After many years of making the case for change, we have cautiously welcomed the Government’s announcement of their intention to reform and modernise the now almost fifty-year-old Consumer Credit Act1. We recently published a new report which draws attention to the mismatch between the requirements of the existing legislation and the needs of modern society and business, calling on new Treasury Ministers to prioritise reforms.
While I welcome the Government’s announcement, I also caution the fact that we have been down this road of promises and expectations before. With the Financial Conduct Authority’s ‘Consumer Duty’ now published, it is more important than ever that this dated legislation is finally modernised.
It is important that we move away from the current approach of treating all customers identically and simply grafting antiquated requirements blindly onto new iterations of regulation
Our report entitled, ‘Modernising Consumer Protection: The Case for Reforming and Updating the Consumer Credit Act (CCA)’ recommends the Treasury set out a detailed consultation timetable so that changes are introduced before the end of 2023 to avoid undermining the Financial Conduct Authority’s (FCA’s) obligation to introduce a Consumer Duty. We will be discussing this with the FCA at our upcoming online Consumer Duty workshop on 6 October (https://www.csa-uk.com/events/EventDetails.aspx?id=1673480&group=).
The report also recommends reform of consumer credit communications and suggests that the review looks strategically at the genuine needs of modern consumers. It is important that we move away from the current approach of treating all customers identically and simply grafting antiquated requirements blindly onto new iterations of regulation.
It has been widely recognised for many years now that some post-contractual information requirements never provided the information or accuracy that consumers actually need, while at the same time managing to undermine businesses’ attempts to work with their customers. Slapping a bandage on already faulty requirements by suggesting yet more paperwork to explain failing regulations isn’t going to cut it, if we are serious about the Consumer Duty.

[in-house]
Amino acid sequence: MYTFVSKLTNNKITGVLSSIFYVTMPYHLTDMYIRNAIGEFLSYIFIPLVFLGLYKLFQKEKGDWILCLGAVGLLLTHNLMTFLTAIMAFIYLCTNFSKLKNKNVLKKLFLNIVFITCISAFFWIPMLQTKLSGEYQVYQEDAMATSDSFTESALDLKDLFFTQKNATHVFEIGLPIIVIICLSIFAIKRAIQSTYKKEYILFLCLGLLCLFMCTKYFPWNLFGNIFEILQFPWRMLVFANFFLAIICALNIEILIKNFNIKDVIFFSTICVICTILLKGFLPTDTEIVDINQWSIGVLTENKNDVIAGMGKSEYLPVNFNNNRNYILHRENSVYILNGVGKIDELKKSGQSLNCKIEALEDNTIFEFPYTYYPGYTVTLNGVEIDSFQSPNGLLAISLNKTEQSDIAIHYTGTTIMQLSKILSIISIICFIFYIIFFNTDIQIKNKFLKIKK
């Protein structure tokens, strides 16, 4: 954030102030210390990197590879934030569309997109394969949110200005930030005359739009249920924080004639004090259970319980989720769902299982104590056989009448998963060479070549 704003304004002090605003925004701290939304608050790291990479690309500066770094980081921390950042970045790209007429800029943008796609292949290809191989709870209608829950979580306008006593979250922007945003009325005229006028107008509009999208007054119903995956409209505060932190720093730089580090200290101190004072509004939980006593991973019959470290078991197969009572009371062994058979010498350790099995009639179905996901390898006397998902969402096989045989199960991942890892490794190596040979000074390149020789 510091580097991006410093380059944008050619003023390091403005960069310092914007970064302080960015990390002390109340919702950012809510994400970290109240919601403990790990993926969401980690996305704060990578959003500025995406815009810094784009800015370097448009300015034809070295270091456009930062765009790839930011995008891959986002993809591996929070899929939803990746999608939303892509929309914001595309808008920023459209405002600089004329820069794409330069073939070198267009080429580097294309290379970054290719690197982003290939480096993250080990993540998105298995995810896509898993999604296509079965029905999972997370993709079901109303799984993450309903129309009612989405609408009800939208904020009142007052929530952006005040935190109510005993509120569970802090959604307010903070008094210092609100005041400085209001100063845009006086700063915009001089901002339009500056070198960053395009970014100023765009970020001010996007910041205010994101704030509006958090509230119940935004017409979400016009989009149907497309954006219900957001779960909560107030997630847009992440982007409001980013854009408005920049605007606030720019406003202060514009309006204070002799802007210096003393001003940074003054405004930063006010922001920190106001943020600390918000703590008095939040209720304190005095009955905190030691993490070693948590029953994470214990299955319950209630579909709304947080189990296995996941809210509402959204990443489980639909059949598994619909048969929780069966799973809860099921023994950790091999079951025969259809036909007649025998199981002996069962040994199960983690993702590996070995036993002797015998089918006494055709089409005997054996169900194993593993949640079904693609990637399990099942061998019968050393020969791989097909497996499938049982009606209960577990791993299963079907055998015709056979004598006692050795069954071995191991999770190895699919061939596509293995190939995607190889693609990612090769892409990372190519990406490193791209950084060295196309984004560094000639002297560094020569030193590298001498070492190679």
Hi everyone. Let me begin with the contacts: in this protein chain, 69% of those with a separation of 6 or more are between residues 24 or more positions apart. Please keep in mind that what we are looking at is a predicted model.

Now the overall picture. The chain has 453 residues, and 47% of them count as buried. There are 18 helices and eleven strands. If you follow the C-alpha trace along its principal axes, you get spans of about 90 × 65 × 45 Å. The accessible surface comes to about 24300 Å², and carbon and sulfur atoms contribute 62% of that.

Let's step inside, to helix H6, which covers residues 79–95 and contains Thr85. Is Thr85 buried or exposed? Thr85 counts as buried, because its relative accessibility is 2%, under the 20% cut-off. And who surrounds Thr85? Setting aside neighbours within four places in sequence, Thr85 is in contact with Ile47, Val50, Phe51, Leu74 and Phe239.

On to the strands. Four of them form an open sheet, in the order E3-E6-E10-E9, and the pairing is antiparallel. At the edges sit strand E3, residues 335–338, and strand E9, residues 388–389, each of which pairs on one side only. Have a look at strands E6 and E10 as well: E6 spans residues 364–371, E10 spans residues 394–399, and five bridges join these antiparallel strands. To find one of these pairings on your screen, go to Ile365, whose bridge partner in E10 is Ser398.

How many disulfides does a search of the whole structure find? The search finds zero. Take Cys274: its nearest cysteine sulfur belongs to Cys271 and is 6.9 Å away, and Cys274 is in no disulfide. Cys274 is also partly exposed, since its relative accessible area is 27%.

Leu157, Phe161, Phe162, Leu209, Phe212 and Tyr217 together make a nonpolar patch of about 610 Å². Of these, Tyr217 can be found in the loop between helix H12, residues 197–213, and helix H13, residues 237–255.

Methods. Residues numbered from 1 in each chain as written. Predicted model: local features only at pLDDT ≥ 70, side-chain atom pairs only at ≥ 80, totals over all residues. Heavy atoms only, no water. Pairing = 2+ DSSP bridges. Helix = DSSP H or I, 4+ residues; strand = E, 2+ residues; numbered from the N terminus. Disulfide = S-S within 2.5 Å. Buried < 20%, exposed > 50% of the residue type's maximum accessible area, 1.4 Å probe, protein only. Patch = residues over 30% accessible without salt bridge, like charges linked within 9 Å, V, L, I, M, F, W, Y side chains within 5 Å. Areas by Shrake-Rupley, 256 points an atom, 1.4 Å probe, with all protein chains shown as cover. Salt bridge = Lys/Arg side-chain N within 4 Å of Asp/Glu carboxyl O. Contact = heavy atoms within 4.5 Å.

The report also draws out the importance of policymakers recognising the environmental impacts of their demands. The current approach to regulation demands vast quantities of paper to be posted to borrowers, and often even when circumstances such as the exercise of forbearance makes the mandated information factually inaccurate. The report suggests that some of the existing statutory notices could easily result in producing a carbon footprint of at least 1.3 million kg, consume 1680 trees and using 420 thousand kWh of energy – just to provide inaccurate but compulsory information!
We are therefore recommending the new Treasury Ministers to pick up the baton of their predecessors and set out a timetable now to fulfil the legislative reform commitment. Comprehensible and joined-up consumer regulation demands nothing less.
The full report can be downloaded from the CSA website here.